Bill Cosby's attorneys filed a motion asking that a recording of a phone call between him and the mother of his accuser be suppressed as evidence in the sexual assault case against him, saying that the call was recorded in violation of Pennsylvania law.
Cosby's attorneys filed the motion asking that the Jan. 17, 2005 phone conversation between him and Gianna Constand, Andrea Constand's mother, be suppressed because it was "obtained in violation of Pennsylvania's Wiretapping and Electronic Surveillance Control Act."
The motion says that Andrea Constand told her mother in January 2005 that Cosby assaulted her in winter 2004, and that Gianna Constand contacted Cosby by phone at his Elkins Park home. She and Cosby spoke at length on the phone on Jan. 16, 2005, discussing the alleged sexual assault of Andrea Constand, according to the motion.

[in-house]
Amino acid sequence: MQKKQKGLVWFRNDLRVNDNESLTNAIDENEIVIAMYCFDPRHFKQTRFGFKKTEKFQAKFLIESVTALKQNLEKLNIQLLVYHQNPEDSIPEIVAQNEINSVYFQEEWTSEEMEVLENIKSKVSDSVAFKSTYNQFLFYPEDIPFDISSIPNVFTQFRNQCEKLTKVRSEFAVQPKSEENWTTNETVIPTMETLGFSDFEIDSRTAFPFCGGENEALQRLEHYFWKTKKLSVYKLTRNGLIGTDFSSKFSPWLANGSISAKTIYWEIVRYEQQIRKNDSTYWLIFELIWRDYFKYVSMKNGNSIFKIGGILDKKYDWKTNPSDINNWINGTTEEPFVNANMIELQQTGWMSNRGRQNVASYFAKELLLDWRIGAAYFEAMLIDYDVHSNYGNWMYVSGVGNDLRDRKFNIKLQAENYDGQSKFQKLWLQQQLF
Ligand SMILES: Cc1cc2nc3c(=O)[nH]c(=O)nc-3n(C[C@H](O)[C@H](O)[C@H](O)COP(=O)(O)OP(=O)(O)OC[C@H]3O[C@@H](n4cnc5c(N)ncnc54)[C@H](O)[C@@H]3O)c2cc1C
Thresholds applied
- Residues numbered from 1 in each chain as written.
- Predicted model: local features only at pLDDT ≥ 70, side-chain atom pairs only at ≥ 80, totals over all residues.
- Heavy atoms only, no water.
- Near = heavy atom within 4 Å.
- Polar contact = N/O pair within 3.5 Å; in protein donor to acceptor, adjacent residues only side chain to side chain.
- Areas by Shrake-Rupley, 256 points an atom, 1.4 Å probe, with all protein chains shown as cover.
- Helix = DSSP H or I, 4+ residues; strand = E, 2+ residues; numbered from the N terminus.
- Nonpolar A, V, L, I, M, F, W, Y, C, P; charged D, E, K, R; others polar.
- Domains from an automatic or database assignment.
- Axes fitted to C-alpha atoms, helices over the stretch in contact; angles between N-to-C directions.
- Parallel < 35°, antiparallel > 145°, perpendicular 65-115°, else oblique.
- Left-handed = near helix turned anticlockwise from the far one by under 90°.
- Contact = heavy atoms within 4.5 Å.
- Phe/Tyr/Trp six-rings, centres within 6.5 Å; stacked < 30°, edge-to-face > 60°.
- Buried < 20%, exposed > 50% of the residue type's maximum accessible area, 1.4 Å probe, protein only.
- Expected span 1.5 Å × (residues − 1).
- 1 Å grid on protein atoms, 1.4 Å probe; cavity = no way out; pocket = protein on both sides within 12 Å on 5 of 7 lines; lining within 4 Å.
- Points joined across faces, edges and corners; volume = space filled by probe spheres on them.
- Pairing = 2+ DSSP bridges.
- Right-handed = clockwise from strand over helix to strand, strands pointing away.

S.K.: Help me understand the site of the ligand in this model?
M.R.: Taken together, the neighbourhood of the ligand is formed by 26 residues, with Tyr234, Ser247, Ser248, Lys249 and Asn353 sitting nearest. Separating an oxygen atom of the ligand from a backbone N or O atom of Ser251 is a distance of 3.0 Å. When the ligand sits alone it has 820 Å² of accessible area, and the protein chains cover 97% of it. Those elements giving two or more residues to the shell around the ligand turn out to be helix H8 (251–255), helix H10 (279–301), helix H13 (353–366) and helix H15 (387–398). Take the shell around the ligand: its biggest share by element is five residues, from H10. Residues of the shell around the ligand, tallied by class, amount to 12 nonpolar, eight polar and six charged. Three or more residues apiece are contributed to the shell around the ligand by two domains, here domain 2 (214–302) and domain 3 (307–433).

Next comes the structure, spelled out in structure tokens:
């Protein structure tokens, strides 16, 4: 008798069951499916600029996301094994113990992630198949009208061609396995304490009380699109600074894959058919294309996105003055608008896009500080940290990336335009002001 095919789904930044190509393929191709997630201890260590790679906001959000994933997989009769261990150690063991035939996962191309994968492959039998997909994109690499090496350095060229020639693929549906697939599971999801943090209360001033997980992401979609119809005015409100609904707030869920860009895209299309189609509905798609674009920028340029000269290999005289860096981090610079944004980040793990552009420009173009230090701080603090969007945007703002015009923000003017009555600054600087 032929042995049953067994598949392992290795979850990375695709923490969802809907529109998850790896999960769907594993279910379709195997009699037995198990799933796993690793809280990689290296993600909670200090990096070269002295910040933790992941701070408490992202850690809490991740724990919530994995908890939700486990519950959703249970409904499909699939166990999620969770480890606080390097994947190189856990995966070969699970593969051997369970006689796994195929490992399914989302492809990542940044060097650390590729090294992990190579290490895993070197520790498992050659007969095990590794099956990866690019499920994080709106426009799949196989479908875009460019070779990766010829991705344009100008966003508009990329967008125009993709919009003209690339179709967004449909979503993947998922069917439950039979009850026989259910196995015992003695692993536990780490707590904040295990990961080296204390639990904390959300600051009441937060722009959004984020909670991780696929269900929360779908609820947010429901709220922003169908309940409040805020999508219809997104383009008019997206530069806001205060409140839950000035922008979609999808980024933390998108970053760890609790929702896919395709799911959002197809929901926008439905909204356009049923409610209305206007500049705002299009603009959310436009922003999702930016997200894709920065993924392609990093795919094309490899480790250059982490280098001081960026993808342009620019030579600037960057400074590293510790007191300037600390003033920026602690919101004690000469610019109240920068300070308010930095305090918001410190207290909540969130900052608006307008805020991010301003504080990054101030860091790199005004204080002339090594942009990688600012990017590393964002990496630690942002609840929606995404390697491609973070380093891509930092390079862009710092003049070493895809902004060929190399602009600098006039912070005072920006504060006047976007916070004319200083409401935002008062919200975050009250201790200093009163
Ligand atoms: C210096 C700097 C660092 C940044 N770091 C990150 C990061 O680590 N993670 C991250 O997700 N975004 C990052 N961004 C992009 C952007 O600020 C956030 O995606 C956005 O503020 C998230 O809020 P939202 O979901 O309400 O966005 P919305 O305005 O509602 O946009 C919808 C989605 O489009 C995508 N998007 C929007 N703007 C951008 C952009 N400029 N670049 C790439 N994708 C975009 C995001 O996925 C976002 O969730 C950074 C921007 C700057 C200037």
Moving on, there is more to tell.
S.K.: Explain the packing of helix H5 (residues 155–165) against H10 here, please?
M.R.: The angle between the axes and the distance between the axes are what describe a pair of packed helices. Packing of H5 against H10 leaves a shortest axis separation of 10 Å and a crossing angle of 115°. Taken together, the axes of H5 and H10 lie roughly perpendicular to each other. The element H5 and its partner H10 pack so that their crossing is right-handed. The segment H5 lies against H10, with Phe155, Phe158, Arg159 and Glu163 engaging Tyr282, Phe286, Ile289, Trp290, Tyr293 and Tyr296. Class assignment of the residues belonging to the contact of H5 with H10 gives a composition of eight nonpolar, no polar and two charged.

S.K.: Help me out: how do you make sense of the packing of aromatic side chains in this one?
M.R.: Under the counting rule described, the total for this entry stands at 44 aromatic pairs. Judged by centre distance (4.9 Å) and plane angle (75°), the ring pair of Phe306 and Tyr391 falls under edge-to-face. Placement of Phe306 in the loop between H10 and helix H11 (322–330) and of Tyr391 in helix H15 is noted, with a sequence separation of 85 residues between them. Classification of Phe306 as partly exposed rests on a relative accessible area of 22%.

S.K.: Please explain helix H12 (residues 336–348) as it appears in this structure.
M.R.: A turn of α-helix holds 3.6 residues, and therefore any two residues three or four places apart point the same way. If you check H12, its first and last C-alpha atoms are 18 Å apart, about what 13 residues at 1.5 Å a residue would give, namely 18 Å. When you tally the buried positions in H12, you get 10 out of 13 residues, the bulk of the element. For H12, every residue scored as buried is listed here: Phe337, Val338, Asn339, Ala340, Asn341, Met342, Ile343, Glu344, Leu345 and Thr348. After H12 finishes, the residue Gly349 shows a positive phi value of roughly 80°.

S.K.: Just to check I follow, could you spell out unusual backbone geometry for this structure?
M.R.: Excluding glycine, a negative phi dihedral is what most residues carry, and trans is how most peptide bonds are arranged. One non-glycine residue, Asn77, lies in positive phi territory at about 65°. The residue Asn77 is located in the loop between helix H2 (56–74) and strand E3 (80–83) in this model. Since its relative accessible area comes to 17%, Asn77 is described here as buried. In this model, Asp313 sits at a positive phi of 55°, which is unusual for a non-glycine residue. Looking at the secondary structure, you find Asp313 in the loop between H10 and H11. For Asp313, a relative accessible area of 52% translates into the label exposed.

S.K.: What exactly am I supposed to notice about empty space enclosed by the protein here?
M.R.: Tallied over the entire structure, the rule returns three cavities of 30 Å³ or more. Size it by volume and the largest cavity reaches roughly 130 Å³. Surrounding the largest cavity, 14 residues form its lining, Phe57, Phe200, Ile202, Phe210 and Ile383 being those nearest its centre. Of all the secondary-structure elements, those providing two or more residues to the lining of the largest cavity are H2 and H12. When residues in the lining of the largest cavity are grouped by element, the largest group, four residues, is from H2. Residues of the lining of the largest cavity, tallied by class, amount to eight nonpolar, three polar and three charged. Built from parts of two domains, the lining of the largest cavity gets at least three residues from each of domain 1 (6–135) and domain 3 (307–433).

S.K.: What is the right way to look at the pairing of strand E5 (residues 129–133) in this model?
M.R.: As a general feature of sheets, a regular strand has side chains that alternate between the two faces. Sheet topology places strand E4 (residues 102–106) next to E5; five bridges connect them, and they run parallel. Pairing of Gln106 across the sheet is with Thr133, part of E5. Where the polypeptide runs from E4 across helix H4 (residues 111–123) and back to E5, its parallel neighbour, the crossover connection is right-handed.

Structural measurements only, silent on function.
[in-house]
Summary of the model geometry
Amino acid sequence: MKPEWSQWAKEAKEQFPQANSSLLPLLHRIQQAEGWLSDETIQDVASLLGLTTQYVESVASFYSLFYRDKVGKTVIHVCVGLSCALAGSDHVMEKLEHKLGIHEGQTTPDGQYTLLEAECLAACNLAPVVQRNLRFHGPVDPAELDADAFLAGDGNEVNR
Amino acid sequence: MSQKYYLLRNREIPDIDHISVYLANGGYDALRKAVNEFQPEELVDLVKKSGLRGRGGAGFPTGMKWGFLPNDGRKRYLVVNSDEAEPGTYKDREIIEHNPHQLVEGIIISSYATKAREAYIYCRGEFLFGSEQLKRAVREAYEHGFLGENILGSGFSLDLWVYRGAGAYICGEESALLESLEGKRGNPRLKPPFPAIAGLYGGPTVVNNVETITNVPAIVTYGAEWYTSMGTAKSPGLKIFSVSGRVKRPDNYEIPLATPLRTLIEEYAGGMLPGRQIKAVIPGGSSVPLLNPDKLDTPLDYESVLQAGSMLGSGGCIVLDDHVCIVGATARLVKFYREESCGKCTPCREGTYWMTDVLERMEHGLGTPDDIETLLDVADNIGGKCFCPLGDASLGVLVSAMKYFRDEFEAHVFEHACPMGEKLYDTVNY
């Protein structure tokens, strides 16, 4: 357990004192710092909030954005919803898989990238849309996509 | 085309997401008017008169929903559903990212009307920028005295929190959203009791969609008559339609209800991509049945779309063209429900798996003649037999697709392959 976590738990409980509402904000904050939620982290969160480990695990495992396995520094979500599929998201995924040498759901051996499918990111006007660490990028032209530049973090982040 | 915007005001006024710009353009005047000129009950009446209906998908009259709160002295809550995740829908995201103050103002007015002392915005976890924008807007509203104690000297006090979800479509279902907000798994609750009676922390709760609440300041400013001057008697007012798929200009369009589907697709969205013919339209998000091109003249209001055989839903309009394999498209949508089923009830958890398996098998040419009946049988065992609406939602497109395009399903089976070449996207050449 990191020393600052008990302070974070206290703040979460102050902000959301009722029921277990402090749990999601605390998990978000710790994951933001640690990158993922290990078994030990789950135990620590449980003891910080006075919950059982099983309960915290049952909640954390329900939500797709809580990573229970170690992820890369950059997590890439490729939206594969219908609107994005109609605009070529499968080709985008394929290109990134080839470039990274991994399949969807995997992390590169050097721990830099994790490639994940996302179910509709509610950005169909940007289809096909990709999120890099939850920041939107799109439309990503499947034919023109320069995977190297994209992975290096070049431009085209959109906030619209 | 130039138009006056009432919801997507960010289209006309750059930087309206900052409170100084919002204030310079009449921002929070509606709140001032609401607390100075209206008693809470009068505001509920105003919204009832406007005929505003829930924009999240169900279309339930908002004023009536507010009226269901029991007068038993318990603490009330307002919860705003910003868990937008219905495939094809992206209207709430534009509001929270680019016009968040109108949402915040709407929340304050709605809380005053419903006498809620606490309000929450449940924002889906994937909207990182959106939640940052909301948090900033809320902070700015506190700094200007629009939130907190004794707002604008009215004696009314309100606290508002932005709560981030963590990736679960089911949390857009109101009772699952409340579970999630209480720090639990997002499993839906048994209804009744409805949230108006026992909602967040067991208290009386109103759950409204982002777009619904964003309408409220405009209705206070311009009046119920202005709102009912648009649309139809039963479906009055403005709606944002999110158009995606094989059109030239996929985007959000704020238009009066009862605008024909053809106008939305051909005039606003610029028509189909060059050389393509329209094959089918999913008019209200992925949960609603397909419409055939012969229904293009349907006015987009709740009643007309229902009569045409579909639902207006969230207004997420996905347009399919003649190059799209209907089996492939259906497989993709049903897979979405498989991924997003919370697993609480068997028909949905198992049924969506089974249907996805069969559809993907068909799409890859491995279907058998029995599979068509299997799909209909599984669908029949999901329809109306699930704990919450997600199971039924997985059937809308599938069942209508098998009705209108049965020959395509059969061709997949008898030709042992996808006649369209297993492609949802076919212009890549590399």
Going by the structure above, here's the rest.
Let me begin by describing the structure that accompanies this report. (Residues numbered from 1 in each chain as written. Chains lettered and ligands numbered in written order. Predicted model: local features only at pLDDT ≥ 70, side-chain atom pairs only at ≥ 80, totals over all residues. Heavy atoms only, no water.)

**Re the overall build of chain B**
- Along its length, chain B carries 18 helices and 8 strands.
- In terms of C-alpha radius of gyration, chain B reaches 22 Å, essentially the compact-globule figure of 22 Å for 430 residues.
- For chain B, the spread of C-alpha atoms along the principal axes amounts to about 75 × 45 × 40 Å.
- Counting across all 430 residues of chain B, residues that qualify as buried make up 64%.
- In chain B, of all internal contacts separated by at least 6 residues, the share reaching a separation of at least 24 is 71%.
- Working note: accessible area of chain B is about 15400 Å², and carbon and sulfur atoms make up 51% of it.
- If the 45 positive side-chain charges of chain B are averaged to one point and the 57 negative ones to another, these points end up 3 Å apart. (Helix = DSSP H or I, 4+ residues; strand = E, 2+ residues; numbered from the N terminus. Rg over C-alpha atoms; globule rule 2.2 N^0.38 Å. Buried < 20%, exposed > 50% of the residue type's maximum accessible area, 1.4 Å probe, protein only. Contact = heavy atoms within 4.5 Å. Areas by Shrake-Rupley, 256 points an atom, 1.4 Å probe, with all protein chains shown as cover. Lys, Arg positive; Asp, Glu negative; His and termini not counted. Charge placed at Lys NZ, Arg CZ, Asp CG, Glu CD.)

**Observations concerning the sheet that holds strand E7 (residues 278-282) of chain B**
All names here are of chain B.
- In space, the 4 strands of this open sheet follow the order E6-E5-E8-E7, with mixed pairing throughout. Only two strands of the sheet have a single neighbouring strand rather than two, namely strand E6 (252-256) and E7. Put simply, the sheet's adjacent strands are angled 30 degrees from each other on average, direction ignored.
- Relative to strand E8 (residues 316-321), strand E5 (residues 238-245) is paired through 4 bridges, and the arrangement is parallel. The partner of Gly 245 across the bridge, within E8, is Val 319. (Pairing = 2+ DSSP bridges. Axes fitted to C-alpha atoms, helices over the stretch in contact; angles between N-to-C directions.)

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The motion goes on to say that Cosby called Gianna Constand again from his Elkins Park home on Jan. 17, 2005, and that, "Unbeknownst to Mr. Cosby, Mrs. Constand recorded the telephone call without his consent."
It's unclear when the Montgomery County Court of Common Pleas will hear arguments on the motion. Cosby's next court appearance, for a pre-trial conference, is scheduled for Sept. 6.
He is charged with aggravated indecent assault without consent, aggravated indecent assault of a person unconscious or unaware and aggravated indecent assault of an impaired person, according to his court docket.